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Ex-Alaska Airlines Pilot Charged With Flying Drunk

A publicity photograph from Alaska Airlines showing a Boeing 737 800 aircraft in flight.

Accusations of drunk flying stem from two Alaska Airlines flights in 2014 where pilot allegedly tested legally intoxicated.

A former Alaska Airlines pilot is accused of flying a passenger aircraft under the influence of alcohol after prosecutors say he flew two flights with a blood alcohol concentration above .1 percent. The Department of Justice announced the arraignment of 60-year-old David Hans Arnston, a retiree of the airline on the single felony charge.

The arraignment stems from a 2014 incident where Arnston was in charge of two Alaska Airlines flights. After flying from San Diego International Airport (SAN) to Portland International Airport (PDX), Arnston was selected for a random drug test upon returning from PDX to John Wayne Airport-Orange County (SNA). According to the Justice Department complaint, Arnston allegedly told his co-pilot “I bet it’s for me,” after spotting the drug tester.

In two subsequent tests taken 15 minutes apart, Arnston allegedly tested with a blood alcohol concentration of .134 percent and .142 percent. Federal law defines alcohol intoxication for pilots operating commercial aircraft at a blood alcohol concentration of .1 percent. Comparatively, those operating motor vehicles are considered to be under the influence of alcohol with a blood alcohol concentration of .08 percent.

“Those in command of passenger jets, or any other form of public transportation, have an obligation to serve the public in the safest and most responsible way possible,” United States attorney Eileen M. Decker said in the Justice Department press release. “We cannot and will not tolerate those who violate the trust of their passengers by endangering lives.”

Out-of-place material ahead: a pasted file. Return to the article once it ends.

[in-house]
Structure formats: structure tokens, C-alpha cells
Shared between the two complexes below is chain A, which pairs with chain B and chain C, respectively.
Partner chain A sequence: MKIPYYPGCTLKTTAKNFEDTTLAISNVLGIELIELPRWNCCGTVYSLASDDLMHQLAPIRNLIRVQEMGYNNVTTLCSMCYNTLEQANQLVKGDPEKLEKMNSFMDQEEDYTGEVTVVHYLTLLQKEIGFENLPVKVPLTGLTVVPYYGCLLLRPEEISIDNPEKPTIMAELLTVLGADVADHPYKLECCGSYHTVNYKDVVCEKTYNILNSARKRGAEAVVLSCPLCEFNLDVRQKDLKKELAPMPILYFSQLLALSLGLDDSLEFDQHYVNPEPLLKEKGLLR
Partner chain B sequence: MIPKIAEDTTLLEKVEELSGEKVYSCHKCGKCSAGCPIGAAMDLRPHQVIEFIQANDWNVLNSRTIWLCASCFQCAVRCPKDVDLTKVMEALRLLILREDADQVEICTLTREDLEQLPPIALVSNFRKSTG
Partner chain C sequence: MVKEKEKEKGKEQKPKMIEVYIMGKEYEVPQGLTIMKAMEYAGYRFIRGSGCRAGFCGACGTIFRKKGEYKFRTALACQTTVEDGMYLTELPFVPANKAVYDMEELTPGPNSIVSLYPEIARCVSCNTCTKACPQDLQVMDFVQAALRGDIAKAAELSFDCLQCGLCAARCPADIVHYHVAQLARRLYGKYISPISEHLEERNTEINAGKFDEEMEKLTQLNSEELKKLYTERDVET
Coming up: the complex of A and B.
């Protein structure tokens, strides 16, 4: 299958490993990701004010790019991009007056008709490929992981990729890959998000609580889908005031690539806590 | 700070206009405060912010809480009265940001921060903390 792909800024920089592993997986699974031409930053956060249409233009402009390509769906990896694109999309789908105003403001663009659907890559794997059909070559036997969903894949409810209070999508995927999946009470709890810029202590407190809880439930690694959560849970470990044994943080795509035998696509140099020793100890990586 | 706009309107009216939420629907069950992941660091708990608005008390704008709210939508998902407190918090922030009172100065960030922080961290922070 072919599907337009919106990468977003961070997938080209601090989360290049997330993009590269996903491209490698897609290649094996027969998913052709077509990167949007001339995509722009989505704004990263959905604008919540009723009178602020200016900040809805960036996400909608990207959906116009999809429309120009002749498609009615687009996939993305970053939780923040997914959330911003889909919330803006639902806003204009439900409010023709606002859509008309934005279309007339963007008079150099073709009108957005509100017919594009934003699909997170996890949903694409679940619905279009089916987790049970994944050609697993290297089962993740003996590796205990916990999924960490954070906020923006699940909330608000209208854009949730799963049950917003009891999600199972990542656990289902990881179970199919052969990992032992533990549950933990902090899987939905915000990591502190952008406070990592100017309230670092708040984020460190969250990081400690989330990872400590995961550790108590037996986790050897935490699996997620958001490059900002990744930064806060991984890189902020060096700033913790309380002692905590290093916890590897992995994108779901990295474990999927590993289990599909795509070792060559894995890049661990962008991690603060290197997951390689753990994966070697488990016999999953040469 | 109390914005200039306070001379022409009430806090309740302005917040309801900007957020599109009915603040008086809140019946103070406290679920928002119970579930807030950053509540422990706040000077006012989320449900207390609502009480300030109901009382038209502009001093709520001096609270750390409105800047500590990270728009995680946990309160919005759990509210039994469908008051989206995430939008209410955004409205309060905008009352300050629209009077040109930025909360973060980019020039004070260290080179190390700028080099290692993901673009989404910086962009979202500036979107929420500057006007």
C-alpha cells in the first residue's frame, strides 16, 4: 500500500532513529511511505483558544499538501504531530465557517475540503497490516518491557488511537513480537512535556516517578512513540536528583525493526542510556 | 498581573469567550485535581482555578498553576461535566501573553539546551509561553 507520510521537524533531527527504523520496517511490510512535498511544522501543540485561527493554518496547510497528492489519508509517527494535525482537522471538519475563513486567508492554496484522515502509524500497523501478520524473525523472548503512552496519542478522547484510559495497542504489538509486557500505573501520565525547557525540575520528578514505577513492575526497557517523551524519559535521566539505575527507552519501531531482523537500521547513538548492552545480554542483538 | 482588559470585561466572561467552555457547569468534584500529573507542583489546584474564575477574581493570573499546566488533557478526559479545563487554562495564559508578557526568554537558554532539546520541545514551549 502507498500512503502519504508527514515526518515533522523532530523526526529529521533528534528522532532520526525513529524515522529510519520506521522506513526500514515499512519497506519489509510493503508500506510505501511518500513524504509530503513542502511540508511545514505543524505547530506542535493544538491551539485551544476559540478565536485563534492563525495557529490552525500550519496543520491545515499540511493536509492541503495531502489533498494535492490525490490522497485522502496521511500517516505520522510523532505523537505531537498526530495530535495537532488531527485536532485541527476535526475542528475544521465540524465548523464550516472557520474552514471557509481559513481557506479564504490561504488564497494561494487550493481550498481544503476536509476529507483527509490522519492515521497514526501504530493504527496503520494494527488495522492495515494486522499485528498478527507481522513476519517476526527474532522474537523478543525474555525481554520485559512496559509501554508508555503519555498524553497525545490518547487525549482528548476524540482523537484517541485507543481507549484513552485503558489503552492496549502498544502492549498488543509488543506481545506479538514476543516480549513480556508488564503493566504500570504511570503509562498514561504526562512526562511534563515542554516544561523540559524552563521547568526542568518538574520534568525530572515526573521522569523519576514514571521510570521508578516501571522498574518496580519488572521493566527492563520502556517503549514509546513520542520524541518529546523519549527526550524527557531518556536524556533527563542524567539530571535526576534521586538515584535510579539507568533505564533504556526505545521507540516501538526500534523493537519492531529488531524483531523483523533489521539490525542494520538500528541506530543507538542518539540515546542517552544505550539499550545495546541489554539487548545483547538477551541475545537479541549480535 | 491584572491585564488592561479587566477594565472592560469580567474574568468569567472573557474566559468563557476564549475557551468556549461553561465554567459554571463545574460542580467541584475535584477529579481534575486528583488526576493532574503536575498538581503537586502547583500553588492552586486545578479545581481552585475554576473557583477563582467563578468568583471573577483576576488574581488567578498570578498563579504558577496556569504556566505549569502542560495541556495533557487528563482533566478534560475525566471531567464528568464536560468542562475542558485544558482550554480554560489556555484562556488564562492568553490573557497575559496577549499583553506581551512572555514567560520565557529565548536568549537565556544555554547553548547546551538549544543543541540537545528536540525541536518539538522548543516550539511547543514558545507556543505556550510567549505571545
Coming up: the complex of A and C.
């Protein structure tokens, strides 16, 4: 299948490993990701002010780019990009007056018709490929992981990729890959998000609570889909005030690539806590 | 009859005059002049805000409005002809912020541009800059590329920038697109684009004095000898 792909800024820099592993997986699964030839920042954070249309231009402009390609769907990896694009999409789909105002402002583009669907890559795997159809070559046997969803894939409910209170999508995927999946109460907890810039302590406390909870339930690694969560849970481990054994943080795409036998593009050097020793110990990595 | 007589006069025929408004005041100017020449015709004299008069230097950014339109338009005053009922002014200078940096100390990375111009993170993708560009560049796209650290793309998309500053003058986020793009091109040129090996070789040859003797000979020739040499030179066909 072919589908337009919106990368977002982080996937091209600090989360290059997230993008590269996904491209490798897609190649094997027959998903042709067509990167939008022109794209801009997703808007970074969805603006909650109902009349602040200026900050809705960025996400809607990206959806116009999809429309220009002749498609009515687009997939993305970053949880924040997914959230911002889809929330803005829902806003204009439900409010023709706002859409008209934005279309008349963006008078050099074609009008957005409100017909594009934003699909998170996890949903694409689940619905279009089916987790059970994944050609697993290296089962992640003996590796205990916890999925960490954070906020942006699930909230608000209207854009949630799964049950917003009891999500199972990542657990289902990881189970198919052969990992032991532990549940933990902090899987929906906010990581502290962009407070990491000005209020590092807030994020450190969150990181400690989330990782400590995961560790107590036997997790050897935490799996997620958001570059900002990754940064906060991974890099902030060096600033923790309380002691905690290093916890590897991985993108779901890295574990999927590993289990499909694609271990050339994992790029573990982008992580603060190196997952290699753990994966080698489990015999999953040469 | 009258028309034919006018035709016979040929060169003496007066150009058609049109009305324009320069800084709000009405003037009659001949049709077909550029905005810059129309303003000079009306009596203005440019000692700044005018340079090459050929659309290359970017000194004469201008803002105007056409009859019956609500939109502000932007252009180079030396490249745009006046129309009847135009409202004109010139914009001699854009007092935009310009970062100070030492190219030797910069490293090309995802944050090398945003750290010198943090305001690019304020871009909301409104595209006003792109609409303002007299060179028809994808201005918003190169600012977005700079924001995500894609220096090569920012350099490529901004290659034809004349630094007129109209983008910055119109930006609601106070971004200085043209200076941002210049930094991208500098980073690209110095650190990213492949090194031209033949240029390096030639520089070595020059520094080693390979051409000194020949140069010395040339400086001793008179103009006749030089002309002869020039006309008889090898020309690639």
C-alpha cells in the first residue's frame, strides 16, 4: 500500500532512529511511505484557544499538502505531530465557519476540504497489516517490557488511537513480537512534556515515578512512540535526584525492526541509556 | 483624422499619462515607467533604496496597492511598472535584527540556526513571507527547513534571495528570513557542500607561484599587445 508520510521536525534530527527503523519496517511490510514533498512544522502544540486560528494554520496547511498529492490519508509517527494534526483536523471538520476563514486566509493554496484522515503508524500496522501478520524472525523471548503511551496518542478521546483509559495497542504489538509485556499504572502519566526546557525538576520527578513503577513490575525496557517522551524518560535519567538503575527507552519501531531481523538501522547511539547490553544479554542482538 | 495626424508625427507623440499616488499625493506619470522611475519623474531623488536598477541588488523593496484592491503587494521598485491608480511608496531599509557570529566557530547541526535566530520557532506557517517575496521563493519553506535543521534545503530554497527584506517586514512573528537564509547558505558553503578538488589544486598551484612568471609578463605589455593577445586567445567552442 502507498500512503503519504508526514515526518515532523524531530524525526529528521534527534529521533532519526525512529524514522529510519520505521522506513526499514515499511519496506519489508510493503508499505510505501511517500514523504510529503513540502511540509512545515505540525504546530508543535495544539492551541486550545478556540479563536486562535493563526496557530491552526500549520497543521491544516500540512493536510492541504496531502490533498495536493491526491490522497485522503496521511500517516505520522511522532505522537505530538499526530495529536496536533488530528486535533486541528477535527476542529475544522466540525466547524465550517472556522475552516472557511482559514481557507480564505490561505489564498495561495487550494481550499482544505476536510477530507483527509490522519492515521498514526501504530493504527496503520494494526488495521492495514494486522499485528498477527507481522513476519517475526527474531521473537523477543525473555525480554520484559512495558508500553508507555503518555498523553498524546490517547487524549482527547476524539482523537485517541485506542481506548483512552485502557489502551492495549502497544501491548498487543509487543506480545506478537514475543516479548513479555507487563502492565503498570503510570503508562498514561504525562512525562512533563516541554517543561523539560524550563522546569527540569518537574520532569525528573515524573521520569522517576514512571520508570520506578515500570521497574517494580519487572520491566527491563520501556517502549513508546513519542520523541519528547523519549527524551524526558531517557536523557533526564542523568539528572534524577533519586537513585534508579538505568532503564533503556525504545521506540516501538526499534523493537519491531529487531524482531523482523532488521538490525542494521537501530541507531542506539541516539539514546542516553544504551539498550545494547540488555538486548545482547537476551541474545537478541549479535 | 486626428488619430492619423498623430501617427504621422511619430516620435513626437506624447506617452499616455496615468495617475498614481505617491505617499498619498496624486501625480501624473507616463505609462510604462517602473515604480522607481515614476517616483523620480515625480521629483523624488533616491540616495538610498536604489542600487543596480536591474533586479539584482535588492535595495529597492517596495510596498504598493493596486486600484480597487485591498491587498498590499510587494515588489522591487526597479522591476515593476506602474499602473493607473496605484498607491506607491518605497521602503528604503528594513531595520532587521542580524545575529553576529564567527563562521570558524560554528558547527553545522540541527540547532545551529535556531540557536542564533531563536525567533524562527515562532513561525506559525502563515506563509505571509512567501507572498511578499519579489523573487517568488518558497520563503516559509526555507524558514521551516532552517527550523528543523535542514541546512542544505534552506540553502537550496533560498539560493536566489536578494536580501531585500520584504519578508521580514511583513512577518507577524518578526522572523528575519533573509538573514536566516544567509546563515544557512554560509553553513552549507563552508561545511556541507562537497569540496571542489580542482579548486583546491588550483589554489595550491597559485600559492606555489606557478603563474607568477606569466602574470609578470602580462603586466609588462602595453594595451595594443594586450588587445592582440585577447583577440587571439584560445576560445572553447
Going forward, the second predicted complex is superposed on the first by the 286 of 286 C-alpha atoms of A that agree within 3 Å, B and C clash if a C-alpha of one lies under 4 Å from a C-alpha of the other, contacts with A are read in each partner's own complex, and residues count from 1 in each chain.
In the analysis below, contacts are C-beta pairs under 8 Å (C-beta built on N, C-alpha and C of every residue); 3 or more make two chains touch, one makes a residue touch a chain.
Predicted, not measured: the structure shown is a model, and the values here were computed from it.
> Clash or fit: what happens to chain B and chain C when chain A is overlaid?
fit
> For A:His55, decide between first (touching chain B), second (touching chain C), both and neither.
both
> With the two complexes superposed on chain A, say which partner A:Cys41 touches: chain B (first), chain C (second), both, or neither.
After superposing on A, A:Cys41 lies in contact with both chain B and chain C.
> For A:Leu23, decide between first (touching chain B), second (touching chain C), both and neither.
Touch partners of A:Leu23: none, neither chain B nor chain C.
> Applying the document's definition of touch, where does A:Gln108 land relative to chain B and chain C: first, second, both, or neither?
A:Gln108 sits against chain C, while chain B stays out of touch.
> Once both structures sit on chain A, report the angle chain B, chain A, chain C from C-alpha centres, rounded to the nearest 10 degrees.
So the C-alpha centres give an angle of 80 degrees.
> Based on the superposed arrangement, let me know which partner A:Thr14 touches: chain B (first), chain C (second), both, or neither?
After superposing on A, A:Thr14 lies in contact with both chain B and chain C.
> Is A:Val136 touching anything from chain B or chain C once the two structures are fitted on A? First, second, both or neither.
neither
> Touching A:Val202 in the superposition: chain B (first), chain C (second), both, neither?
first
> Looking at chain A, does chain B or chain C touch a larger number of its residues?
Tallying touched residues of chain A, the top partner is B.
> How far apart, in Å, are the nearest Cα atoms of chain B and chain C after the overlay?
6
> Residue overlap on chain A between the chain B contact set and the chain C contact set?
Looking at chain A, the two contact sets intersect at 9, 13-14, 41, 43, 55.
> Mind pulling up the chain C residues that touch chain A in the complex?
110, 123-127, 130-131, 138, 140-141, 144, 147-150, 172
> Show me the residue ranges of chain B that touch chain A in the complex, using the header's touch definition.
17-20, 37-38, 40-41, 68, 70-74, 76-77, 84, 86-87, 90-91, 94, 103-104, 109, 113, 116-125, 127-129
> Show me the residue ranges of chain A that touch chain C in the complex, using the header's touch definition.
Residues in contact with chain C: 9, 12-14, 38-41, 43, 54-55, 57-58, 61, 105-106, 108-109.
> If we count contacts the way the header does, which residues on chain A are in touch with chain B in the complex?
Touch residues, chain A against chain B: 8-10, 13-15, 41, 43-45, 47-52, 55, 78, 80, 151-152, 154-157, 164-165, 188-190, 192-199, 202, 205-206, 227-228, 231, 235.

According to the Justice Department, Arnston was removed from “safety-sensitive duties” by the airline after the positive report. USA Today reports Arnston began flying for Alaska Airlines in 1982 but retired shortly after the alleged incident.

Arnston was released on a $25,000 bond and will return to court on February 10, 2016. If convicted, the former pilot could face up to 15 years in federal prison.

[Photo: Alaska Airlines]

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4 Comments
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brocklee9000 January 25, 2016

It's definitely 0.04%, half of the legal limit for driving. Yes, he may have operated the airplane safely, no one was injured, whatever. But this has to be a zero tolerance thing, so they can't just "let him retire in peace." Random testing is part of the job. Zero tolerance is also part of the job. Since the drug or alcohol testing is random, he probably assumed he could drink some, fly, and be safe, because "what are the odds it'll happen to me today." How many other pilots adopt that careless attitude? This sets the tone that the airline will not tolerate any missteps.

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safetrips1 January 25, 2016

He landed safely let the old man retire in peace

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duhe January 23, 2016

Where are you getting .1 from? CFR 91.17 provides that: (a) No person may act or attempt to act as a crewmember of a civil aircraft— ... (4) While having an alcohol concentration of 0.04 or greater in a blood or breath specimen. Alcohol concentration means grams of alcohol per deciliter of blood or grams of alcohol per 210 liters of breath.

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burbanite January 23, 2016

.134 and .142???? "Federal Aviation Regulation (FAR) 91.17 The use of alcohol and drugs by pilots is regulated by FAR 91.17. Among other provisions, this regulation states that no person may operate or attempt to operate an aircraft: • within 8 hours of having consumed alcohol • while under the influence of alcohol • with a blood alcohol content of 0.04% or greater" • while using any drug that adversely affects safety"